In his almost four years in office, Donald Trump has poured fuel on this radical-right fire. He has denounced and defamed Mexican immigrants, Muslims, black countries in Africa and the Caribbean. He has encouraged violence against black protesters, people arrested by the police, Democrats and so-called antifa activists. He has weaponized government agencies like the Department of Justice to go after his many enemies. He has denigrated women in incredibly vulgar terms, and even boasted of engaging in sexual assaults. He has weakened key democratic institutions like the courts. He has avoided denouncing white supremacists and even treated them as friends. In a phrase, Trump has normalized ideas and insults that for many decades were far outside the bounds of acceptable discourse.
What will happen when America goes to the polls?
Already, we have seen pro- and anti-Trump forces battling in the streets, with killings carried out by both sides. Armed right-wing militia members have confronted Black Lives Matter and other civil rights protesters in tense cities around the nation, and recently federal authorities arrested more than a dozen such militiamen in an alleged plot to kidnap the Democratic governors of Michigan and Virginia and possibly attack the Michigan Capitol with some 200 men.
Several groups on the radical right — like the Oath Keepers, the Three Percenters, the League of the South and various militia groups — have suggested that they will be at the polls on Nov. 3. They are apparently responding to Trump’s repeated, and baseless, claims that the Democrats plan to steal the election. Around the country, authorities are openly fearful about violence during the polling.
As the U.S. Conference of Mayors said recently: “The 2020 election is shaping up to be like no other in our nation’s history. There is significant concern that we may see voter intimidation efforts and protests, some possibly violent, in the days leading up to November 3, on that day, and on the days following.”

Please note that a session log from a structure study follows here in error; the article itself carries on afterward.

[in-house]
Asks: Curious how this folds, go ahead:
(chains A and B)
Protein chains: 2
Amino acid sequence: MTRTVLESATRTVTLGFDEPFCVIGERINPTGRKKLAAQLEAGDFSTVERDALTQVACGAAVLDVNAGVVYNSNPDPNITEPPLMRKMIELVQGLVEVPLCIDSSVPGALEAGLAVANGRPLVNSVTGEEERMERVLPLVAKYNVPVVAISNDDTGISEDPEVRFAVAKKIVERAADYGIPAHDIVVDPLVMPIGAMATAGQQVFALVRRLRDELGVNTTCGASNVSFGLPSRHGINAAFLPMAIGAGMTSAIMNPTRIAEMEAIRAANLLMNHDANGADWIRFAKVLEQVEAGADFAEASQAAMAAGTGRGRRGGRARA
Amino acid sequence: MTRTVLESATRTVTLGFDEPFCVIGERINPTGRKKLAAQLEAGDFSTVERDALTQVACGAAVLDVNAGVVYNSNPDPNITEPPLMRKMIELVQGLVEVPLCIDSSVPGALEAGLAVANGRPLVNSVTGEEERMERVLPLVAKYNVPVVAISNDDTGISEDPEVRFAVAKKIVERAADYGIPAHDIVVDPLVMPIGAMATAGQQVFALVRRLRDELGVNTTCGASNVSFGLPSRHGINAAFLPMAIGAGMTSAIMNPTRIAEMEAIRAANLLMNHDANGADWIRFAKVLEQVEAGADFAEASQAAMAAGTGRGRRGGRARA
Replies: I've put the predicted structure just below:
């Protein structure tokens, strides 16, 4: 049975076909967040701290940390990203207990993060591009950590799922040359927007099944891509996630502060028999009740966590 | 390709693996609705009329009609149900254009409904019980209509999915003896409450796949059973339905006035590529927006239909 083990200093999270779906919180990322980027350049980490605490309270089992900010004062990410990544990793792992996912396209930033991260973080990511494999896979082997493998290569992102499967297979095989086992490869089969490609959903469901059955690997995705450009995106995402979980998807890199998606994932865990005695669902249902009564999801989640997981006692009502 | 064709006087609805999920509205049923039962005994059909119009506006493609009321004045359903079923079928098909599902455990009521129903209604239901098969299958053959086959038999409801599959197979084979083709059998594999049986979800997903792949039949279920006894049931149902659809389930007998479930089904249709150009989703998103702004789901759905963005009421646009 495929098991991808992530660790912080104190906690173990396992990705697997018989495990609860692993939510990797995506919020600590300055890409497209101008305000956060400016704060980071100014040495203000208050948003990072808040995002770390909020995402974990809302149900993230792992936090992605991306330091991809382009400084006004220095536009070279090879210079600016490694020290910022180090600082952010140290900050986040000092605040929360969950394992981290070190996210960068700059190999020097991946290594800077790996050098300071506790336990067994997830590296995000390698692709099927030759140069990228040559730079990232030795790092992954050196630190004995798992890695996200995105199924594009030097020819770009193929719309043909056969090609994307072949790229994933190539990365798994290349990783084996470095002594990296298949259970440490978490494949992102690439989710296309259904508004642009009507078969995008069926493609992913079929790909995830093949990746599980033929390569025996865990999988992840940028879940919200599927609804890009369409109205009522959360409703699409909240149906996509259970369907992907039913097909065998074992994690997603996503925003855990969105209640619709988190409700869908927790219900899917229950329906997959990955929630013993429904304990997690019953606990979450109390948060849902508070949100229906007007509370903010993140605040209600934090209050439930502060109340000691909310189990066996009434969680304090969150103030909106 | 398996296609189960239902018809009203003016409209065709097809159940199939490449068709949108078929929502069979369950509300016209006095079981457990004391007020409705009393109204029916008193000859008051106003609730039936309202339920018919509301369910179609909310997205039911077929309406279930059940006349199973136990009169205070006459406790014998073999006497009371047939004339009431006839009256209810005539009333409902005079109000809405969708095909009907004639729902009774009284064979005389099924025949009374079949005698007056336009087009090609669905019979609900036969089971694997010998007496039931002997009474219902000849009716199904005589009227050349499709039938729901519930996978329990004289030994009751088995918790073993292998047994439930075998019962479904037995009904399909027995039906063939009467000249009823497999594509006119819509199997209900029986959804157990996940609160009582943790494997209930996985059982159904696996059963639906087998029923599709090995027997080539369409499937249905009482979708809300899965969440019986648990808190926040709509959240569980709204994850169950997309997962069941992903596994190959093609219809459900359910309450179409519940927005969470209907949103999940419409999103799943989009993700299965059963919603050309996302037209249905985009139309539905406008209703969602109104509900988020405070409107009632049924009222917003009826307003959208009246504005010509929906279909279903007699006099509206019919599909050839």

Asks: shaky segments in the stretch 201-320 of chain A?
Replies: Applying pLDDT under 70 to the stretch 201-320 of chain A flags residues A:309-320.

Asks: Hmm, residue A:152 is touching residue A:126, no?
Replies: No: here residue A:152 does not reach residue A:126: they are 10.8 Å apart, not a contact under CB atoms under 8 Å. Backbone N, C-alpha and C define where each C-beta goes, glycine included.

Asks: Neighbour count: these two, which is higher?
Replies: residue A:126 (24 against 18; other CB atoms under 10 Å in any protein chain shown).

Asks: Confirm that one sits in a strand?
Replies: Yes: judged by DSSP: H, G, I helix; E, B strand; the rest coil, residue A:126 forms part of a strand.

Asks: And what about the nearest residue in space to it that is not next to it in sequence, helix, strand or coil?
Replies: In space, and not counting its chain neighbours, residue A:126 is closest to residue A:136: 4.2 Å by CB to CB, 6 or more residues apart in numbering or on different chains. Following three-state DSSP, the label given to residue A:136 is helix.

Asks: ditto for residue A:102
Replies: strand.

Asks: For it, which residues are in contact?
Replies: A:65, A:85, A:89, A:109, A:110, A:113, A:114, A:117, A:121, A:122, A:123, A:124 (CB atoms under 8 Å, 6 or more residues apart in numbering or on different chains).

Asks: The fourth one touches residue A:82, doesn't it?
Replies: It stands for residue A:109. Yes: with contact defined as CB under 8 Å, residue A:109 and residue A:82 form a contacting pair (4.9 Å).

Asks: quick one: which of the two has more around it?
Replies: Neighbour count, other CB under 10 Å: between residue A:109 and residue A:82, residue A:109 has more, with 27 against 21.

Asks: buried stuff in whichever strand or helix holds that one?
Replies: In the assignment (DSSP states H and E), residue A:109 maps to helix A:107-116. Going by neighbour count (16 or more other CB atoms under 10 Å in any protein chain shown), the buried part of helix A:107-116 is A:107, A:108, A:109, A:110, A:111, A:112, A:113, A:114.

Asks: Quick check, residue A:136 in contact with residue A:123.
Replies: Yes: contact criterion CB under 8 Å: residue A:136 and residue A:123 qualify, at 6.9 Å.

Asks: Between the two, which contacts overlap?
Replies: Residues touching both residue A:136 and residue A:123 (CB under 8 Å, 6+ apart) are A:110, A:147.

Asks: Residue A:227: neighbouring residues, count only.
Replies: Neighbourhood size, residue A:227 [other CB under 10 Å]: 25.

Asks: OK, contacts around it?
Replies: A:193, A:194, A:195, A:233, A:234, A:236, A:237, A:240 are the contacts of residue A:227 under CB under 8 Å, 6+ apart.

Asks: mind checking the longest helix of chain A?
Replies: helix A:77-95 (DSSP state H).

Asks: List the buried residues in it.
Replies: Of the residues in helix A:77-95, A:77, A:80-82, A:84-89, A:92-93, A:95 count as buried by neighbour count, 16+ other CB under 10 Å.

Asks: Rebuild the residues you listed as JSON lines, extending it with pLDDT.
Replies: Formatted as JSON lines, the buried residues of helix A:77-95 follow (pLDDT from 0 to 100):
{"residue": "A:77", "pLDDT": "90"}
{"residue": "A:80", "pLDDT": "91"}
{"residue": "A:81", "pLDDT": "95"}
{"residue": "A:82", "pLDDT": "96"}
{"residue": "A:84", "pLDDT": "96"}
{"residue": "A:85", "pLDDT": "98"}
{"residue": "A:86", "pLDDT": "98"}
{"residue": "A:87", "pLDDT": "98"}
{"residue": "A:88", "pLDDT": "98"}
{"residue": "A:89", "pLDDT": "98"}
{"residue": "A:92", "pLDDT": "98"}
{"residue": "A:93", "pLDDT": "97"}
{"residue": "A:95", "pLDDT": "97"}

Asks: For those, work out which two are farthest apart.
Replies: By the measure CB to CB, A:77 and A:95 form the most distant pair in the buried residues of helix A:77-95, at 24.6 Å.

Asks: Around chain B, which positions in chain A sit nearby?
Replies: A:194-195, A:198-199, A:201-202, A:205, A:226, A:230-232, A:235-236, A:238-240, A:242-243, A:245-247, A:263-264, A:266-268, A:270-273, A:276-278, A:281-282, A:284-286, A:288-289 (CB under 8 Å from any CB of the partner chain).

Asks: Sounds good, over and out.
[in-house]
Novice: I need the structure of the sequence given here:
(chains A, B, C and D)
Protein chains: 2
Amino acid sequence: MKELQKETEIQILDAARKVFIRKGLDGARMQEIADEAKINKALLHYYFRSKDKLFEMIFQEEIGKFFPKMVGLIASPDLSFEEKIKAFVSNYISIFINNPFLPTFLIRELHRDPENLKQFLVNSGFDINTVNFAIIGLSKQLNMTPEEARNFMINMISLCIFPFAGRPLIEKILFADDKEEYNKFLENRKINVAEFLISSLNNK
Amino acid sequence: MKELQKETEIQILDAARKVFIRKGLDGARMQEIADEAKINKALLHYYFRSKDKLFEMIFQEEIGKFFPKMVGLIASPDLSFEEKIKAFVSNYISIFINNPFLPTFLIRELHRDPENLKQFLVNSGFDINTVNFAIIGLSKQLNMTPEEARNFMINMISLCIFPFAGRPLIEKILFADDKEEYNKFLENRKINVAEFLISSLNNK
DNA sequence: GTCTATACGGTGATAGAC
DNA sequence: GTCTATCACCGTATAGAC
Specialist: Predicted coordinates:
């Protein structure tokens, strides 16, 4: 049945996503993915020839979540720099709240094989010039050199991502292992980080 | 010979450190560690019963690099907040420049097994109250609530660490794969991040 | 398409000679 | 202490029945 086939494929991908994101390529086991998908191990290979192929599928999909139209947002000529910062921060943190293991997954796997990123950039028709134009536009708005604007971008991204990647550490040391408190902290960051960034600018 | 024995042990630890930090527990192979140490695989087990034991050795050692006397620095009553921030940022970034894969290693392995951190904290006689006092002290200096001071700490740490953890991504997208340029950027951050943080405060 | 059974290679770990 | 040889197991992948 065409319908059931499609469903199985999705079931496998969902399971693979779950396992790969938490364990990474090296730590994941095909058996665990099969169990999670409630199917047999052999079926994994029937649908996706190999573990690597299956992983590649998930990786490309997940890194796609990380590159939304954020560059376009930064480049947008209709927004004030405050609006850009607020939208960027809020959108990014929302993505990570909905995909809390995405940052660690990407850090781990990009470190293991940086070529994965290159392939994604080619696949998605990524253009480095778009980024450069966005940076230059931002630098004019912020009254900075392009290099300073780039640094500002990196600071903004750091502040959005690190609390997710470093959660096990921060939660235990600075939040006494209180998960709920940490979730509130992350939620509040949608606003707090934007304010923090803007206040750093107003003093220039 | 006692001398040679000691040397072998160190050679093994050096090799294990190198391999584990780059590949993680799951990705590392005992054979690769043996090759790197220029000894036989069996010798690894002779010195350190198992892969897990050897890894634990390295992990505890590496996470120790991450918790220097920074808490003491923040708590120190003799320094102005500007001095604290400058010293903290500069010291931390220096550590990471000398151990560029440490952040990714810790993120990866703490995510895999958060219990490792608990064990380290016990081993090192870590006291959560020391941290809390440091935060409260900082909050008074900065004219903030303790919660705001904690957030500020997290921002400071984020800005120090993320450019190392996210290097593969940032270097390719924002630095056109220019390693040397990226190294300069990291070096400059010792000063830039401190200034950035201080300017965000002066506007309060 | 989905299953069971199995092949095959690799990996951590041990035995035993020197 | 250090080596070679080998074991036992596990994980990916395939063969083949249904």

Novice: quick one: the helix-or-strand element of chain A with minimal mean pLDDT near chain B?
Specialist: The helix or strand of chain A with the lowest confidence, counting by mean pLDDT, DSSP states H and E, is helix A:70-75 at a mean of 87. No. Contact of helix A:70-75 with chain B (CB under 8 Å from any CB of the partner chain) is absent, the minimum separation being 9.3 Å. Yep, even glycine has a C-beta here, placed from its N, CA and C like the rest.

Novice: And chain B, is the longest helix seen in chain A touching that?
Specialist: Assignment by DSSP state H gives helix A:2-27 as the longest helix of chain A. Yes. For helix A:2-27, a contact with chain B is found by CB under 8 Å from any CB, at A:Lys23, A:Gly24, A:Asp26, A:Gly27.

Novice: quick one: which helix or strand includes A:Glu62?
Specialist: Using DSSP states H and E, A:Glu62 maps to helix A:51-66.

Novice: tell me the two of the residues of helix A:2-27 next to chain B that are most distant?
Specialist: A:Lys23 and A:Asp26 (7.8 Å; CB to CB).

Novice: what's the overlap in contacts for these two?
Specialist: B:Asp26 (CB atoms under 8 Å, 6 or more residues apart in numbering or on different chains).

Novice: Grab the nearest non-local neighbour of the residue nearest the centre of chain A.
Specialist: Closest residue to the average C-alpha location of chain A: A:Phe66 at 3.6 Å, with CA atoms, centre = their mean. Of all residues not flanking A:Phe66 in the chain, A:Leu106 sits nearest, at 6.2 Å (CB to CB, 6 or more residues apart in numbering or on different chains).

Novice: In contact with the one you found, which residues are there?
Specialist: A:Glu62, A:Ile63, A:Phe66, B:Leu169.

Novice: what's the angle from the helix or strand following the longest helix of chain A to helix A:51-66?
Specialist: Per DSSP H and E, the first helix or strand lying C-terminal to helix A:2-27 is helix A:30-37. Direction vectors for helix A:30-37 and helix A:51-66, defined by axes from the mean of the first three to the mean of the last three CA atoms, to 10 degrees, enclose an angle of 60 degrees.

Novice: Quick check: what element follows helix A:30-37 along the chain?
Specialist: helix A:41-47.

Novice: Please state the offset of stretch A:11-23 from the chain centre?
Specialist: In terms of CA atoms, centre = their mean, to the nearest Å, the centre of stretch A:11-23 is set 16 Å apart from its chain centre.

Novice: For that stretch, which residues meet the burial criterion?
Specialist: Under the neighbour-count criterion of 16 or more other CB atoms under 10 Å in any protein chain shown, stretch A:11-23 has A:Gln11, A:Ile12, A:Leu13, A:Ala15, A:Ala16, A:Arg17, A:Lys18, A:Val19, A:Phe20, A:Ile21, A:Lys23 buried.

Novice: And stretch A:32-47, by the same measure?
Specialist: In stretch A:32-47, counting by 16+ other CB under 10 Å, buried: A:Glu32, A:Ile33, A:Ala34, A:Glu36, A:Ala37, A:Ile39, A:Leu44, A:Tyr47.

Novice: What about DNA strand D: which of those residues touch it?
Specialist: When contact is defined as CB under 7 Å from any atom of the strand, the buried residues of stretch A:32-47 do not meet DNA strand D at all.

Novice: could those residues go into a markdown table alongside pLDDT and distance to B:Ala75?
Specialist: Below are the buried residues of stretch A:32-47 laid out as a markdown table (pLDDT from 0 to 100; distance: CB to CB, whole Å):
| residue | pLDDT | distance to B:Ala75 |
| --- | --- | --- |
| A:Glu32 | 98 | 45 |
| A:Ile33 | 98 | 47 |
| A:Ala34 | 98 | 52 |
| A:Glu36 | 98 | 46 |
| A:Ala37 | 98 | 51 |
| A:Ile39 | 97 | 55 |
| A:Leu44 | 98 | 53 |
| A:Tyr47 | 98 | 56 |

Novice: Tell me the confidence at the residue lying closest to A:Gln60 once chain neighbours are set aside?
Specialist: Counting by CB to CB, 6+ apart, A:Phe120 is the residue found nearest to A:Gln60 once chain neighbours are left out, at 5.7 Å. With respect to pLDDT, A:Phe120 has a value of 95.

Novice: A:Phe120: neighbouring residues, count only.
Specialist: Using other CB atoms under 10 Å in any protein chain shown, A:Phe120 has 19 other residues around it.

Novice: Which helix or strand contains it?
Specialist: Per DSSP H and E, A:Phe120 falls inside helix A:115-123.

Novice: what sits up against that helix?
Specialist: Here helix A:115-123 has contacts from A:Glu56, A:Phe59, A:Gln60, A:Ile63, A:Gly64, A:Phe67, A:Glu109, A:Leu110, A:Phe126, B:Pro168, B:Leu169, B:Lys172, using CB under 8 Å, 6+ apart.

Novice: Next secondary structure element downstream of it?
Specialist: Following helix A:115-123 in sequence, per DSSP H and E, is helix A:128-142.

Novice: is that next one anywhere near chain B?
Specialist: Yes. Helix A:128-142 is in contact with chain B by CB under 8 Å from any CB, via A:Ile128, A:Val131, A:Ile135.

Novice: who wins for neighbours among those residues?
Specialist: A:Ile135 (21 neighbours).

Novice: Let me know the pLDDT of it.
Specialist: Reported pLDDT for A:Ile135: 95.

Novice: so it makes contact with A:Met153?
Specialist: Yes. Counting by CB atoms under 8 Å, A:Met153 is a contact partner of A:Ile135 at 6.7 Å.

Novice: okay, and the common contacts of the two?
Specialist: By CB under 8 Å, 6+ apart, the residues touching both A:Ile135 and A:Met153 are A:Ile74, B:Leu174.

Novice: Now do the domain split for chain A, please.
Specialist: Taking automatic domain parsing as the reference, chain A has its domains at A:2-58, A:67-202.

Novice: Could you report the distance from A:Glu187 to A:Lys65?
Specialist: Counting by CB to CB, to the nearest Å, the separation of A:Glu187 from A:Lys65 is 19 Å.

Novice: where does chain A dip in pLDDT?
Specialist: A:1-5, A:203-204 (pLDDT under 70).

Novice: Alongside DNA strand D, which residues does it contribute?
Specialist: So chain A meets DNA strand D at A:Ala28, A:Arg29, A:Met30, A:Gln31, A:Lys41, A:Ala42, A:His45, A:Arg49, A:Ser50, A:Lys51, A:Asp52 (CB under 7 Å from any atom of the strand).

It’s hard to predict just what will happen after the election. In recent years, a pattern has emerged of radical-right growth accelerating during Democratic administrations. If Joe Biden wins the presidency — and especially if the Democrats also take the U.S. Senate, giving them effective control of the entire federal government — we can expect to see more violence from the radical right. Frustrations will almost certainly lead to increased right-wing terrorism.
But if Trump wins, we may actually see a similar pattern. That’s because Trump has emboldened the radical right like no politician in living memory, and extremists are likely to feel that they are actually winning the battle for America’s heart and soul. In those circumstances, hate crimes against various minorities are almost certain to increase — as they did in the immediate aftermath of Trump’s 2016 election — and violent efforts to start a civil war may proliferate.
America is not the Weimar Republic in the 1930s. The country has considerably stronger civil society institutions, and polling suggests that a solid majority of Americans reject the country’s recent slide toward authoritarianism. But the nation has not seemed so weak, or so in danger of seeing its democratic institutions fatally injured, since our first civil war ended in 1865.
Mark Potok is a Senior Fellow at CARR and a Freelance writer, speaker, consultant, expert on right-wing extremism. See full profile here.
© Mark Potok. Views expressed on this website are individual contributors and do not necessarily reflect that of the Centre for Analysis of the Radical Right (CARR). We are pleased to share previously unpublished materials with the community under creative commons license 4.0 (Attribution-NoDerivatives).